A fungal infection of the toenails, or onychomycosis, can be unpleasant and embarrassing. In fact, if not treated, it can cause serious discomfort and, ultimately, pain. If you suffer from this problem, you need to know the different options for toenail fungus treatment.
How do you Recognize it?
Although nail fungus eventually becomes painful, in its early stages you may ignore or fail to recognize it. Signs that you have the condition include:
• Discoloration of nails: Either yellow, or turning dark in color, starting at a corner of the nail and spreading toward the cuticle.
• Thickening of the toenails
• Toenails looking flaky or crumbly
• Nails distorted in shape
• Eventually, the nail separates from the nail bed
• Occasionally, an unpleasant odor
Toenail Fungus Treatment at Home
If the symptoms are mild, you can try a daily routine of cleansing over a period of months. You can also file off any white markings that appear on the nail surface, although they may well return. There are also a number of natural remedies which some people find effective.
• White vinegar: Either apply directly, or soak the toes in a solution of one part vinegar to two parts warm water for 10-15 minutes daily.
• Tea tree oil is a very popular remedy — mix with equal parts olive oil and apply directly to the nail.
• Cinnamon leaf oil with at least 75% Eugenol content. Mix 1% oil with 99% water and spray on the toenail.
These natural treatments are only effective in mild cases. In addition, most chemical formulations are not very effective most of the time. The thickness of the nail makes it hard for them to penetrate.
However, there is a medicated nail lacquer, called ciclopirox or Penlac. It has been approved by the FDA as a toenail fungus treatment, provided the fungus has not reached the white portion of the nail. This is painted on the nail every day, and removed with alcohol before re-applying — it is said to be only 10% effective.
Any topical applications are likely to work better if used in conjunction with oral medication. Most oral medications work about 50% of the time. They may take 9-12 months to ascertain whether the treatment has succeeded or not. Oral medications that have been found to have some effect include:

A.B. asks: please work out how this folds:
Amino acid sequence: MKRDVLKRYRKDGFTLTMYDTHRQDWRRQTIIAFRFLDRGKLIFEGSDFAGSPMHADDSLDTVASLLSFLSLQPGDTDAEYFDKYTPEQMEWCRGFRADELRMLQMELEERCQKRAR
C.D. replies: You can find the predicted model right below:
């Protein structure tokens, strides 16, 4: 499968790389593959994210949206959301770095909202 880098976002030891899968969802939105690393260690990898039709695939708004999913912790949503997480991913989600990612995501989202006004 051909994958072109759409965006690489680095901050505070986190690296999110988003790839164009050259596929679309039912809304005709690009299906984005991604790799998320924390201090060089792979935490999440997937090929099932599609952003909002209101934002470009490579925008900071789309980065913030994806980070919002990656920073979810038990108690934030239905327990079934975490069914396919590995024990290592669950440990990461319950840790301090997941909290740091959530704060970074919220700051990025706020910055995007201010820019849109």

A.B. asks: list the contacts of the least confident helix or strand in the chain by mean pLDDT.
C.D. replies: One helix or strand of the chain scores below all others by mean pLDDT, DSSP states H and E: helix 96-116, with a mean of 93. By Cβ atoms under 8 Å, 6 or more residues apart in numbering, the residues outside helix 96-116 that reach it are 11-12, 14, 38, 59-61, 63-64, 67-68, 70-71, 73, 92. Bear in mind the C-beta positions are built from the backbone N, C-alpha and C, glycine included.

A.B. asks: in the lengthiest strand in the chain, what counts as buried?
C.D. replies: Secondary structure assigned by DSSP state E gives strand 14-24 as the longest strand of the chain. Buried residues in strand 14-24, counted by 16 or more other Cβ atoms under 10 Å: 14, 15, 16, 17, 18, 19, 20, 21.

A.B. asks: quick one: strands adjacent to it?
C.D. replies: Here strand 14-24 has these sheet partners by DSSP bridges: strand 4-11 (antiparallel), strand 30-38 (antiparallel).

• Sporanox or Itraconazole, usually prescribed in pulse doses of a week in each month for three months. It can interact with some asthma medications.
• Diffucan or Flucanozole — one dose weekly for six months.
• Lamisil or Terbinafine. This is considered the safest and most effective, but should not be prescribed for people with liver disease. It is taken once a day for three months.
If these treatments are not effective, surgery may be required. The nail can be removed temporarily to allow topical treatments to be applied more effectively. If the condition is very advanced, permanent removal may be advised. In most cases, an intact nail eventually grows back.
To prevent drastic measures such as surgery, more and more people are turning to laser treatment. The fungus is targeted by powerful laser beams, which can penetrate the nail. This treatment is painless, and is virtually guaranteed to be successful, unlike any of the other treatments.
It’s important to take measures to prevent the fungal infection from recurring. Wash and dry your feet daily, always wear clean hosiery. Avoid going barefoot at the pool or in communal showers. And don’t wear shoes or socks that are too tight. Nail fungus is an unpleasant and long-lasting problem, and the more you can do to prevent it, the better.